A 36 year old, 75-kg male, with history of chronic depression ingested 50 1mg tablets of alprazolam (Xanax®, Eczacibasi, Turkey) the night before admission to the intensive care unit (ICU). He slept overnight, and was brought to the emergency room 12 hours after the ingestion of alprazolam. Physical examination upon admission to the ICU demonstrated blood pressure of 113/83 mmHg, pulse 64 /min, transcutaneus oxygen saturation (SpO2) 92 %, respiratory rate 18 /min and skin temperature 36,8 °C. Neurological examination showed deep coma, bilateral constructed pupils which reacted minimally to light, bilateral extensor plantar response, diminished tendon reflexes and retention of urine. There was no response to painful stimuli. His Glasgow Coma Scale (GCS) score was 3. Bispectral index monitoring (Aspect® Medical Systems, Natick, MA, USA) was used to measure levels of sedation, and the index detected 70. An admission serum sample, which was assayed by reversed phase high performance liquid chromatography (HPLC), contained 527 µg/L of alprazolam. At the same time, serum benzodiazepine level was measured with Abbot's TDX-FLX method and the value was 271 µg/L. Analyses of serum and urine were negative for alcohol and other drugs. Routine biochemical and haematological tests were normal.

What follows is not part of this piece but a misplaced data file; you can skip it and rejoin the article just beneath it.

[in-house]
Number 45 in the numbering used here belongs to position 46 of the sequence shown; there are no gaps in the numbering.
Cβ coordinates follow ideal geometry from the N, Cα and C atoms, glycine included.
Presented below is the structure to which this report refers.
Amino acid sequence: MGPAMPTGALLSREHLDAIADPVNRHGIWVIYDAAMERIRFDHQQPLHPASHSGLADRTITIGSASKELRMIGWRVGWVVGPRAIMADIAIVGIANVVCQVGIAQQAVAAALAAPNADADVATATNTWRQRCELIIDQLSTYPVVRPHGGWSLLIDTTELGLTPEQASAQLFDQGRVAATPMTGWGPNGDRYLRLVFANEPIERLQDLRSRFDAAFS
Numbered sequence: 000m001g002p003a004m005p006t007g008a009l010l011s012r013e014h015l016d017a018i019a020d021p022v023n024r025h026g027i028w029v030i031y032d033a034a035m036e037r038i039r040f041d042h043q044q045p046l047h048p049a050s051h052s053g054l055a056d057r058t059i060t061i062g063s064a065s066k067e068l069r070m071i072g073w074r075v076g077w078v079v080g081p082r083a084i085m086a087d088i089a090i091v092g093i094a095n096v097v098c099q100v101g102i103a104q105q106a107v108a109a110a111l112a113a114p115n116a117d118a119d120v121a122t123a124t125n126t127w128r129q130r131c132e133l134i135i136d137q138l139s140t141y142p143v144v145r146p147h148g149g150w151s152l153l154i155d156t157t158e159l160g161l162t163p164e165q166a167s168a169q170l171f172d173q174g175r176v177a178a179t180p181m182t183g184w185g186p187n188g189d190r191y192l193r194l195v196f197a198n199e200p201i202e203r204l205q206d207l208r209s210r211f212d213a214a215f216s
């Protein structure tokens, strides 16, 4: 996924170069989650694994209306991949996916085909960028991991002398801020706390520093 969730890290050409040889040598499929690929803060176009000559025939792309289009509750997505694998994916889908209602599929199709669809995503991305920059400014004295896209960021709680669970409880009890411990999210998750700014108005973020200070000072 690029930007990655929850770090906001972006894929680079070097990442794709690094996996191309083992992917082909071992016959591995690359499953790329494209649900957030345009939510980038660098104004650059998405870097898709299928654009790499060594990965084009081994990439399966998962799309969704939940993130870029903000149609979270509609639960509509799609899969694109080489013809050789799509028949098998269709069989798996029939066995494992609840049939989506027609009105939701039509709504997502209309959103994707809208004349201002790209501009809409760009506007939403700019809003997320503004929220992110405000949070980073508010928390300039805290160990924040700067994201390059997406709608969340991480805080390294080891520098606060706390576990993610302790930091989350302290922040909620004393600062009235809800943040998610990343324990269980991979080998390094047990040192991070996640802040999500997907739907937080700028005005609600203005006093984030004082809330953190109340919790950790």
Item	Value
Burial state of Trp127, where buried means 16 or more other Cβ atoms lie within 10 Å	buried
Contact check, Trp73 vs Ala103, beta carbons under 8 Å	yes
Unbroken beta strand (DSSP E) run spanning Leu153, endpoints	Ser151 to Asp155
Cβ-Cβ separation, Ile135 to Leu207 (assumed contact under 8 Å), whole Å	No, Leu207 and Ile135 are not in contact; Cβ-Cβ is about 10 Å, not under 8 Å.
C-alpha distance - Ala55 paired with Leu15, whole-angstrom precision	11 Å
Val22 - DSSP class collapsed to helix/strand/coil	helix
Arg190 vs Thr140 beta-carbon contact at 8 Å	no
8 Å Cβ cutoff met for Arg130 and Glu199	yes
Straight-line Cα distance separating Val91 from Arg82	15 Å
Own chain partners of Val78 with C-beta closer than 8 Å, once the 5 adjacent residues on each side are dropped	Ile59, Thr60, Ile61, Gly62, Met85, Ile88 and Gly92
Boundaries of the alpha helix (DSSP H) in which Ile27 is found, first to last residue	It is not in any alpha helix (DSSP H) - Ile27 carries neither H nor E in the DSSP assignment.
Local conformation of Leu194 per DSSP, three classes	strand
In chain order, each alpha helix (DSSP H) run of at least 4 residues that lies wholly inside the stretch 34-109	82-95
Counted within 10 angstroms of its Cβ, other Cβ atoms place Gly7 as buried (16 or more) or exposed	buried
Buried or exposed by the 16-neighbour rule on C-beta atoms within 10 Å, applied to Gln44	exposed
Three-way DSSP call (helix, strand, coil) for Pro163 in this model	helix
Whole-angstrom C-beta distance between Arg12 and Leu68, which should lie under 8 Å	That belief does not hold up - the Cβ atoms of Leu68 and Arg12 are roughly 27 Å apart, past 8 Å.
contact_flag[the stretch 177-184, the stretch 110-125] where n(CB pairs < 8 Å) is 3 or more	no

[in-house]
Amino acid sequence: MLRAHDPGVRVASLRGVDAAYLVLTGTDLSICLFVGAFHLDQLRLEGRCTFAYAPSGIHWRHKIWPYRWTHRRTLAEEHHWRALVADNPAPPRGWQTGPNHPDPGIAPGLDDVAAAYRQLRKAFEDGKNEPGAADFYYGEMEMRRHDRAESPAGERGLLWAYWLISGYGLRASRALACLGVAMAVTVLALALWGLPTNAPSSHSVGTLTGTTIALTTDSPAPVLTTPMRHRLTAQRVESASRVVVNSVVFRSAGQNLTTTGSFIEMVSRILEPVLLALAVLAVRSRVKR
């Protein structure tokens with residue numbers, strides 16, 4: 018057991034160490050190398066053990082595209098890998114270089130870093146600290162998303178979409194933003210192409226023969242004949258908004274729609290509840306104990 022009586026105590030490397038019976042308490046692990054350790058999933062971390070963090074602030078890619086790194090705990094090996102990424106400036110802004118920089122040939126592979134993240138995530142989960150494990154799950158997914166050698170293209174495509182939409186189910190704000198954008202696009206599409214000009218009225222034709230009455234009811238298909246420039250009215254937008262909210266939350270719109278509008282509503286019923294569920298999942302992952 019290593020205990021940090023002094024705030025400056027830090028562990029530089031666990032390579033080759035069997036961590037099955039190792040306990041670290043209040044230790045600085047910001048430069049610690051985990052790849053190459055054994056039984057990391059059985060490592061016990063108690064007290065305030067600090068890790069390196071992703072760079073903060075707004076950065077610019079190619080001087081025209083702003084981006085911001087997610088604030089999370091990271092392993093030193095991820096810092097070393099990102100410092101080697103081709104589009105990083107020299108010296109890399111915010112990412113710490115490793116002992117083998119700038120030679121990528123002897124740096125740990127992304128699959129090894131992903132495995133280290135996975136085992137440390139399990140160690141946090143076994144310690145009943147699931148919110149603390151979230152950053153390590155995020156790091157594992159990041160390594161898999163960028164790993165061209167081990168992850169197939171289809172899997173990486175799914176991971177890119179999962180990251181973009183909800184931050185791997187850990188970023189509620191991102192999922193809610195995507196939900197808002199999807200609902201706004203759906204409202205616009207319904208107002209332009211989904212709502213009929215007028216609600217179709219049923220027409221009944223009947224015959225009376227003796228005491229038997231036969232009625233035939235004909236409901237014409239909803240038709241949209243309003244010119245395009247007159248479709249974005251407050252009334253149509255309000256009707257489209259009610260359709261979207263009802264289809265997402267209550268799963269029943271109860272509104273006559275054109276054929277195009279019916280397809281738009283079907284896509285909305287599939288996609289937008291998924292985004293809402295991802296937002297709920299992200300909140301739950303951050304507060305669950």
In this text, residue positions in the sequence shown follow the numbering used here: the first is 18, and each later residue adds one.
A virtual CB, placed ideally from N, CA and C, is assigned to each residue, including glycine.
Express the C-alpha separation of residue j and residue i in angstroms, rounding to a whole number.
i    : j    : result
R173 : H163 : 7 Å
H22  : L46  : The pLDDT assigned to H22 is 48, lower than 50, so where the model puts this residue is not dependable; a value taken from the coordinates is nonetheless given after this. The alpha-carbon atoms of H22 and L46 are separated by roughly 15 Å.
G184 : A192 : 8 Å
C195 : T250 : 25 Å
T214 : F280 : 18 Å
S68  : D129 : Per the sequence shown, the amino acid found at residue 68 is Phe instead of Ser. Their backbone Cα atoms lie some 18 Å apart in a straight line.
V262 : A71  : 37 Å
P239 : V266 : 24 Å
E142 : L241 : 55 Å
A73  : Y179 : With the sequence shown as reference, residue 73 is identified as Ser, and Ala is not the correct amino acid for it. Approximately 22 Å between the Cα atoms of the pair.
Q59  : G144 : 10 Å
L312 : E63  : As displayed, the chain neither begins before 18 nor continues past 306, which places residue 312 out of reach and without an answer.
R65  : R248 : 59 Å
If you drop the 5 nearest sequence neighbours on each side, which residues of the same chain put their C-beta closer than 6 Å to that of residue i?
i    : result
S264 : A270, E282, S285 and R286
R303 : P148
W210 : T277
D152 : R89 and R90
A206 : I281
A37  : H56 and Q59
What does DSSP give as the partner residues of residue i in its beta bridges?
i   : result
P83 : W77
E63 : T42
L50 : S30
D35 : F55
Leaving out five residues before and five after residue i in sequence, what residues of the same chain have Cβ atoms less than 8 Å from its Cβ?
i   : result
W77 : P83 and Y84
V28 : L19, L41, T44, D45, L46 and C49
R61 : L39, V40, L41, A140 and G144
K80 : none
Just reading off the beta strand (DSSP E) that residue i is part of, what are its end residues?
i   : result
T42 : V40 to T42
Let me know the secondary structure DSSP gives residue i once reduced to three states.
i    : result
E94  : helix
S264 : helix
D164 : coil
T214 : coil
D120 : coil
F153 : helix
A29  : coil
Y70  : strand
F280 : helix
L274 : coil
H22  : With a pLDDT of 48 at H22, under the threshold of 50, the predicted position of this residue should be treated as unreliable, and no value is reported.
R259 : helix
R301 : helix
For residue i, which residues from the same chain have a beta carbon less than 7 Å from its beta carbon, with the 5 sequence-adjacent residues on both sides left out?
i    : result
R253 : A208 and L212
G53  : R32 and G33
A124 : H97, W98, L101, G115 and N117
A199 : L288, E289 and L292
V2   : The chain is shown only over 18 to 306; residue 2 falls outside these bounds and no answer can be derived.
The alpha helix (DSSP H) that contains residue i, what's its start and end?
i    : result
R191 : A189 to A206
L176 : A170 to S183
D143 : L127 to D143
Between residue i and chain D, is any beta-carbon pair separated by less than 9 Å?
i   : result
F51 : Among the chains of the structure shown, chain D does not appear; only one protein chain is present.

A nasogastric tube (Levin Nazogastrik Kateter®-Bicakcilar, Turkey) was placed and the patient's gastric lavage returned no pill fragments. Activated charcoal 50 g (Eucarbon®-Santa Farma, Turkey) was given through the Levin tube and the same doses repeated after 6 hours. After establishment of intravenous access, patient received titrated doses of flumazenil (Anexate®, Roche, Turkey) to a total of 1 mg. Then, the patient rapidly became more alert and tearfully anxious. At that time, BIS increased to 98 and GCS scale was 15. The patient gradually became more obtund and returned to his pre-flumazenil state after one hour (unresponsive to painful stimuli). At that time, BIS value decreased to 70. Flumazenil was given in doses of 0.1 mg when the BIS value showed less than 75 and no clinical significant decreases were seen in pulse rate, blood pressure, SpO2, or respiratory rate (Figure 1). The patient was not intubated endotracheally. Sedation scores were measured according to Observer's assessment of alertness/sedation scale (7) (OAA/S); score: 5= awake/alert to 1=deeply sedated. OAA/S varied between 2 and 3 points after flumazenil injections. After overnight observation and 24 hours after admission to the ICU, the patient was well recovered.